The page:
Ever since Amazon’s acquisition of Whole Foods, grocers have hurriedly added online grocery shopping capabilities. In order to lure in consumers and build loyalty into the future, though, large retailers with the investment capital to do so have started thinking outside of the e-commerce box. Albertsons just launched its Digital Marketplace, while Kroger this summer kicked off Ship. Meanwhile, Walmart is tinkering with automation and continuing to roll out free online order pickup, while Whole Foods offers free pickup and two-hour delivery to Prime members in select markets. Ahold Delhaize and its retail banners have been integrating e-grocer Peapod into their store fulfillment operations, and have begun to heavily promote the service.
ONLINE GROCERY AND THE CHALLENGE OF FRESH PRODUCE
To further boost sales, Packaged Facts notes that retailers must target their offerings. Millennials and young parents are obvious demographics to pursue. But the report notes that older consumers and those with mobility issues are also prime candidates, despite their assumed lack of technical fluency. More and more consumers are using mobile apps to order groceries. Center store items are the most commonly purchased, while concerns over freshness lead to hesitancy to purchase many perishable goods. These concerns differ according to online grocery, however — FreshDirect, for one, sees the majority of its sales in fresh produce, meat and other perishables — and should come down as retailers improve their quality control operations.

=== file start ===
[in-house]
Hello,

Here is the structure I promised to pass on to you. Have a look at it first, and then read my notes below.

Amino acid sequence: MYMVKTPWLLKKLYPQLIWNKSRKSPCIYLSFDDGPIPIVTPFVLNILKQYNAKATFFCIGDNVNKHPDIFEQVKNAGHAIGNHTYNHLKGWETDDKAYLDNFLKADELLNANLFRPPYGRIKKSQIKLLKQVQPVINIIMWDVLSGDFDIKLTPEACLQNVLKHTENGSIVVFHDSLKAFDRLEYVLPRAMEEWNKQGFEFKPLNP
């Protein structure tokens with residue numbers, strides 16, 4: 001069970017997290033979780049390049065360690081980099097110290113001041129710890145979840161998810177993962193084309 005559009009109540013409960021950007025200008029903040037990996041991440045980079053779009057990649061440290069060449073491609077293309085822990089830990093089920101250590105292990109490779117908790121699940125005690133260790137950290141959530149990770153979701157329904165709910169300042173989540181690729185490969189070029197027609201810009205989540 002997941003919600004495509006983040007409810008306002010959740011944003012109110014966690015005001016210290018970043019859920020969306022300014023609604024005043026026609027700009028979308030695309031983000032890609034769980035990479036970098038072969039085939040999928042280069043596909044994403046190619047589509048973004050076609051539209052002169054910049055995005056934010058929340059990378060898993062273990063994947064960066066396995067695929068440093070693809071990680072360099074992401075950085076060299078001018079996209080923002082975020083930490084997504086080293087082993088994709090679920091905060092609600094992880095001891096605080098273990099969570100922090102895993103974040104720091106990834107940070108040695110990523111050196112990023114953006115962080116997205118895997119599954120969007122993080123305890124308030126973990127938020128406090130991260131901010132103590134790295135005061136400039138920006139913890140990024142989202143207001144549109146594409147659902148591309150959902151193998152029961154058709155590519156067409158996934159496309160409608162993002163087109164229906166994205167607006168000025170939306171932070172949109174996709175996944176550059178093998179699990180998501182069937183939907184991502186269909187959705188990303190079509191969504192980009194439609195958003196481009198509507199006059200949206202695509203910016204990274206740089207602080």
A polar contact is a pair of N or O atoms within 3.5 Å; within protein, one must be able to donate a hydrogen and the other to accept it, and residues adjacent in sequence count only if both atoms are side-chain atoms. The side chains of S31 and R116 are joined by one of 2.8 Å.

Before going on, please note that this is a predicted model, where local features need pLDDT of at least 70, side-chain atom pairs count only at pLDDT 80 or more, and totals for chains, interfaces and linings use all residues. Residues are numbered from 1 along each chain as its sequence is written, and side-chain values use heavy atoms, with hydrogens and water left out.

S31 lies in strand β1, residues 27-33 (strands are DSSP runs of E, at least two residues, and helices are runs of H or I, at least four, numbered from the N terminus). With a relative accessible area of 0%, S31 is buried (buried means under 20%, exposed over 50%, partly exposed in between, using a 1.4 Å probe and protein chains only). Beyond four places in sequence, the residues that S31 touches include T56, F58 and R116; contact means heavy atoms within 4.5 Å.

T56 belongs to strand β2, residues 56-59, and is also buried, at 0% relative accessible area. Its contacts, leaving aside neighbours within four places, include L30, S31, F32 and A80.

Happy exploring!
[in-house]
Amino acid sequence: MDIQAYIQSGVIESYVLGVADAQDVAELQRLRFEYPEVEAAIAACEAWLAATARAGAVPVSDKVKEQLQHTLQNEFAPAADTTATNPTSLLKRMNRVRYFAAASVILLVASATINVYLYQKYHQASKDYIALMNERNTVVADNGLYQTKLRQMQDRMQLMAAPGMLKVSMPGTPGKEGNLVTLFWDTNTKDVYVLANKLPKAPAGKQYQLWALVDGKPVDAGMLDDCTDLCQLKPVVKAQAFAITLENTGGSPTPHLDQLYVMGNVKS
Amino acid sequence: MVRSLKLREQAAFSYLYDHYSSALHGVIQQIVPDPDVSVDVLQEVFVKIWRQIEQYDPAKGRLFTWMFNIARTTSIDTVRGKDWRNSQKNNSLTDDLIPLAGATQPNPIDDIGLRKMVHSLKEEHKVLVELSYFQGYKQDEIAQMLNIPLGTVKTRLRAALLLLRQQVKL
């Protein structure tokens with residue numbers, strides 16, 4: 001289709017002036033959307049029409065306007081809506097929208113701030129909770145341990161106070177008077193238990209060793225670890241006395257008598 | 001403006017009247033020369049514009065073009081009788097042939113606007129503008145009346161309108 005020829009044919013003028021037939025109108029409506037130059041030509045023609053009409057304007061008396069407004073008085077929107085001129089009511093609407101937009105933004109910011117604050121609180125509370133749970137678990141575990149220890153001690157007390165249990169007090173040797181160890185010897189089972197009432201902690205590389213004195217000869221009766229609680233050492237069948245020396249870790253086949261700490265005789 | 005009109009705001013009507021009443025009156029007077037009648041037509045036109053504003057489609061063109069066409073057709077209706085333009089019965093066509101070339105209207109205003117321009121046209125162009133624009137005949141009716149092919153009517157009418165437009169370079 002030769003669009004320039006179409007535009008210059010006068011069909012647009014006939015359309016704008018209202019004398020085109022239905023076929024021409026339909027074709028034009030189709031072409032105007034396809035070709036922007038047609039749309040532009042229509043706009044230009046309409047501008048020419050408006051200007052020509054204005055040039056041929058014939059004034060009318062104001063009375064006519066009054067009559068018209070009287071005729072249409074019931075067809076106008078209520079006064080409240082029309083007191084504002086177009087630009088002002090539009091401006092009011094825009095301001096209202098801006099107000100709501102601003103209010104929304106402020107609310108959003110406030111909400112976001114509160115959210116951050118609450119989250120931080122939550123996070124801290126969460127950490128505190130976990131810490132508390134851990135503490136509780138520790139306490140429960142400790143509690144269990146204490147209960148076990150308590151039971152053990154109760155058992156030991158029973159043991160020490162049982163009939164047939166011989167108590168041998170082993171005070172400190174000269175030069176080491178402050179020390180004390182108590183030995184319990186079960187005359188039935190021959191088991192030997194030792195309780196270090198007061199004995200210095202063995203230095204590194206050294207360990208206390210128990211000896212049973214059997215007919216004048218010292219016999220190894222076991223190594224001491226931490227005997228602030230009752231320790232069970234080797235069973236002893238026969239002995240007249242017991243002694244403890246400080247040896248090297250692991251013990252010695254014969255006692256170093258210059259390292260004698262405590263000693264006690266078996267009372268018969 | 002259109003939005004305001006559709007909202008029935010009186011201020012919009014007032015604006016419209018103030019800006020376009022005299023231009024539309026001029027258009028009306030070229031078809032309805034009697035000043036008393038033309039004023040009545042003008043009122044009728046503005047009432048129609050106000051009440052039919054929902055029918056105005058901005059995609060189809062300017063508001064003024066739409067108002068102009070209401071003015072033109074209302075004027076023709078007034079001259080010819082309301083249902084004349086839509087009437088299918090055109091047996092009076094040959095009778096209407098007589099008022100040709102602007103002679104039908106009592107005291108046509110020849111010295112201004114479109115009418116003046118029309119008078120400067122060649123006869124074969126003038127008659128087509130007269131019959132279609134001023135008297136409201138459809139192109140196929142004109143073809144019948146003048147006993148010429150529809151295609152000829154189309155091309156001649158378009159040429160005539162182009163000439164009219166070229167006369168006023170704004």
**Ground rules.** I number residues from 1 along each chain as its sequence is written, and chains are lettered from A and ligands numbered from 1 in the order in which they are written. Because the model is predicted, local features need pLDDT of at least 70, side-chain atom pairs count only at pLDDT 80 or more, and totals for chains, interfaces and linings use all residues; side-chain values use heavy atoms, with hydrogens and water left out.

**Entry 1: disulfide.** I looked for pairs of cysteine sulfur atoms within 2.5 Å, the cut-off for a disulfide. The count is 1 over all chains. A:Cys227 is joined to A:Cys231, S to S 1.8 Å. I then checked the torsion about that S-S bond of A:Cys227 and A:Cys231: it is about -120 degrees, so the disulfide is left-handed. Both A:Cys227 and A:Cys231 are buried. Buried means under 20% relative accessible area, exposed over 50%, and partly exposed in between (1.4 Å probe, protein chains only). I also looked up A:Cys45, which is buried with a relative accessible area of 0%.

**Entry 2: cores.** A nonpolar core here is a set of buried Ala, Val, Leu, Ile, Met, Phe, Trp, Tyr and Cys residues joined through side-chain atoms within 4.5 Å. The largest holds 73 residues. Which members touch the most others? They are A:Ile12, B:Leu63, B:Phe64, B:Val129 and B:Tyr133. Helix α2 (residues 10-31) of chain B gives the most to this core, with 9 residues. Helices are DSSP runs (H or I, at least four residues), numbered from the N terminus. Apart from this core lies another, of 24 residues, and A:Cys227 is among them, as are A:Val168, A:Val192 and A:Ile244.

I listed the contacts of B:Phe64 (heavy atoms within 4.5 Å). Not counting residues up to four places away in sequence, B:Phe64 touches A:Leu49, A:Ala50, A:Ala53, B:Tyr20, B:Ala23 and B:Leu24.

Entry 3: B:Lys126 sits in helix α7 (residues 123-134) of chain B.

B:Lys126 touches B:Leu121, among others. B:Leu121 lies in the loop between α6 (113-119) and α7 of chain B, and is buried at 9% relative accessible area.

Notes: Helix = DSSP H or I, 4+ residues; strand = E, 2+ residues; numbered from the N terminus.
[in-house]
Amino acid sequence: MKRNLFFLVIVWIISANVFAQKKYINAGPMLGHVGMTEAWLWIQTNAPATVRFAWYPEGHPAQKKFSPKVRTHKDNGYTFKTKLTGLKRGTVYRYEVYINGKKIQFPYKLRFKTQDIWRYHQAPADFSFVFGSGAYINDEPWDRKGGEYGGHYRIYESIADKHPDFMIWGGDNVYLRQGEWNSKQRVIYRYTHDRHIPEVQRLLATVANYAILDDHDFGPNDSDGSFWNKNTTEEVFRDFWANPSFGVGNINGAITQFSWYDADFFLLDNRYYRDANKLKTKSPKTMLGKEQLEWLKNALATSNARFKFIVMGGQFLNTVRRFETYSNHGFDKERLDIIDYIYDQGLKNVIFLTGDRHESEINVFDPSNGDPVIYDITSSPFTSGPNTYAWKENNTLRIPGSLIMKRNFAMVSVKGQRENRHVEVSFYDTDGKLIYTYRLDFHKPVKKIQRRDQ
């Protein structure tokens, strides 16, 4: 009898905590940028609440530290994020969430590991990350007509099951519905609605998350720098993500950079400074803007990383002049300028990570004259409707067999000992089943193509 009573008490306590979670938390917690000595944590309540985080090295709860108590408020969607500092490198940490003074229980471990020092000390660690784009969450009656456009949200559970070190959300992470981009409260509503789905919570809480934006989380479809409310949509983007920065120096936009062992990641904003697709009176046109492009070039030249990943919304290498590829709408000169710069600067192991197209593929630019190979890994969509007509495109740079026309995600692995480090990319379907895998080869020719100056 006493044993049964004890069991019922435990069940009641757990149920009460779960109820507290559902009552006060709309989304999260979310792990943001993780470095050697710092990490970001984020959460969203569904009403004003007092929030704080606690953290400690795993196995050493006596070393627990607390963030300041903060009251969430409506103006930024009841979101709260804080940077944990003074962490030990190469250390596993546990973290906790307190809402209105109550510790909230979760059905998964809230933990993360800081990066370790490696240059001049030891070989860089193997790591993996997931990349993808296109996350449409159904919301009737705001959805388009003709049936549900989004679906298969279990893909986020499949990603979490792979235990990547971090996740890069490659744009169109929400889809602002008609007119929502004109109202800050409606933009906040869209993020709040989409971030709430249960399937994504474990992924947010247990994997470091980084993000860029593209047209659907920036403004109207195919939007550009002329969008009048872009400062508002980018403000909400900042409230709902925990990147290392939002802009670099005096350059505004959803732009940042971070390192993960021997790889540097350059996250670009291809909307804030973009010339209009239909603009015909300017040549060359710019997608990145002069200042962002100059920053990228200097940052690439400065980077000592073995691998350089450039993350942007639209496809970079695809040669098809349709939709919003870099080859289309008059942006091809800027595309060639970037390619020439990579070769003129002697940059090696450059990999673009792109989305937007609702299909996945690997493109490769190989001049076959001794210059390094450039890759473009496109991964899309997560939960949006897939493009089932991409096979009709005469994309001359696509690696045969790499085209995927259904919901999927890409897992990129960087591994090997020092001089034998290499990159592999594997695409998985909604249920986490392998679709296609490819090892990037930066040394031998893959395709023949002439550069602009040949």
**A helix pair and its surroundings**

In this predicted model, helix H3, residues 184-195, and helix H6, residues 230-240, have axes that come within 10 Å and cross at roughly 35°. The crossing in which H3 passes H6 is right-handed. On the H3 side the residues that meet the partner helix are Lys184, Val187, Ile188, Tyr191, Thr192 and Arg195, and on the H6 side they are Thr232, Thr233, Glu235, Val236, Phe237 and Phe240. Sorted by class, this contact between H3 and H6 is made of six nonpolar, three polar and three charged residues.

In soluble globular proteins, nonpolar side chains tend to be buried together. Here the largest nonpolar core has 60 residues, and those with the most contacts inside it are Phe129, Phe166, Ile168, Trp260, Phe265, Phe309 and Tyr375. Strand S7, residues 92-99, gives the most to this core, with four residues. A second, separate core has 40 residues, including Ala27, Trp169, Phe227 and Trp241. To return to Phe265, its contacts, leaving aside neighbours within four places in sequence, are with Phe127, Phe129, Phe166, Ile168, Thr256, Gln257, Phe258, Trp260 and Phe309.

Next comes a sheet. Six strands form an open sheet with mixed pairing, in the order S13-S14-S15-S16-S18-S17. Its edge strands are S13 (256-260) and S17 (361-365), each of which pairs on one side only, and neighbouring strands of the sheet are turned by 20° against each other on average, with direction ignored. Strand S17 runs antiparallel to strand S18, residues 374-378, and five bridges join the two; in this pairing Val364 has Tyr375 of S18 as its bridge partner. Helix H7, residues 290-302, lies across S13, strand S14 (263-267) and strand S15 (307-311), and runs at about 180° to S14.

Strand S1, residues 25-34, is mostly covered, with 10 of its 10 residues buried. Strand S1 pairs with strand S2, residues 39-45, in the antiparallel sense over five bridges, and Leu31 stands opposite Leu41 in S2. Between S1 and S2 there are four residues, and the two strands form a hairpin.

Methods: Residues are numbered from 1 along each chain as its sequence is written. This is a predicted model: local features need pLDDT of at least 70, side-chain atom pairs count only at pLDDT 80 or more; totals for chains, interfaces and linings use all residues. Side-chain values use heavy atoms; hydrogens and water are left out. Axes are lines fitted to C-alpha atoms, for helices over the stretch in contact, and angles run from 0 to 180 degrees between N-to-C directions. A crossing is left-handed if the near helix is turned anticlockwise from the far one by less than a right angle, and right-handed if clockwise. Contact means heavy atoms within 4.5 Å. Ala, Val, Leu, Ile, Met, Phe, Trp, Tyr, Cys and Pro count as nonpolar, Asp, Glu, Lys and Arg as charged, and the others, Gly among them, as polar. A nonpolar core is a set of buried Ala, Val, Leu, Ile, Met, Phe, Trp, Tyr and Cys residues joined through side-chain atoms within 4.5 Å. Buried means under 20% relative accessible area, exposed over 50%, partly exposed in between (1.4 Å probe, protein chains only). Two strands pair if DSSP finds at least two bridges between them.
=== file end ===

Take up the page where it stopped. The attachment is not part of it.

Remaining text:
ON-DEMAND INTO GROCERY SERVICE
It’s not just e-grocers that are contributing to the growing online grocery sales. Grocery delivery services like Instacart have changed the game, with most major grocery chains partnering with the service. More on-demand services have also begun tapping into the grocery market. This includes Postmates, GrubHub, and DoorDash. Uber recently hinted it would make another run at the market soon. Despite the growing online grocery market, reports note that only a select group of retailers — namely, the big players like Walmart and Amazon — will profit off the service.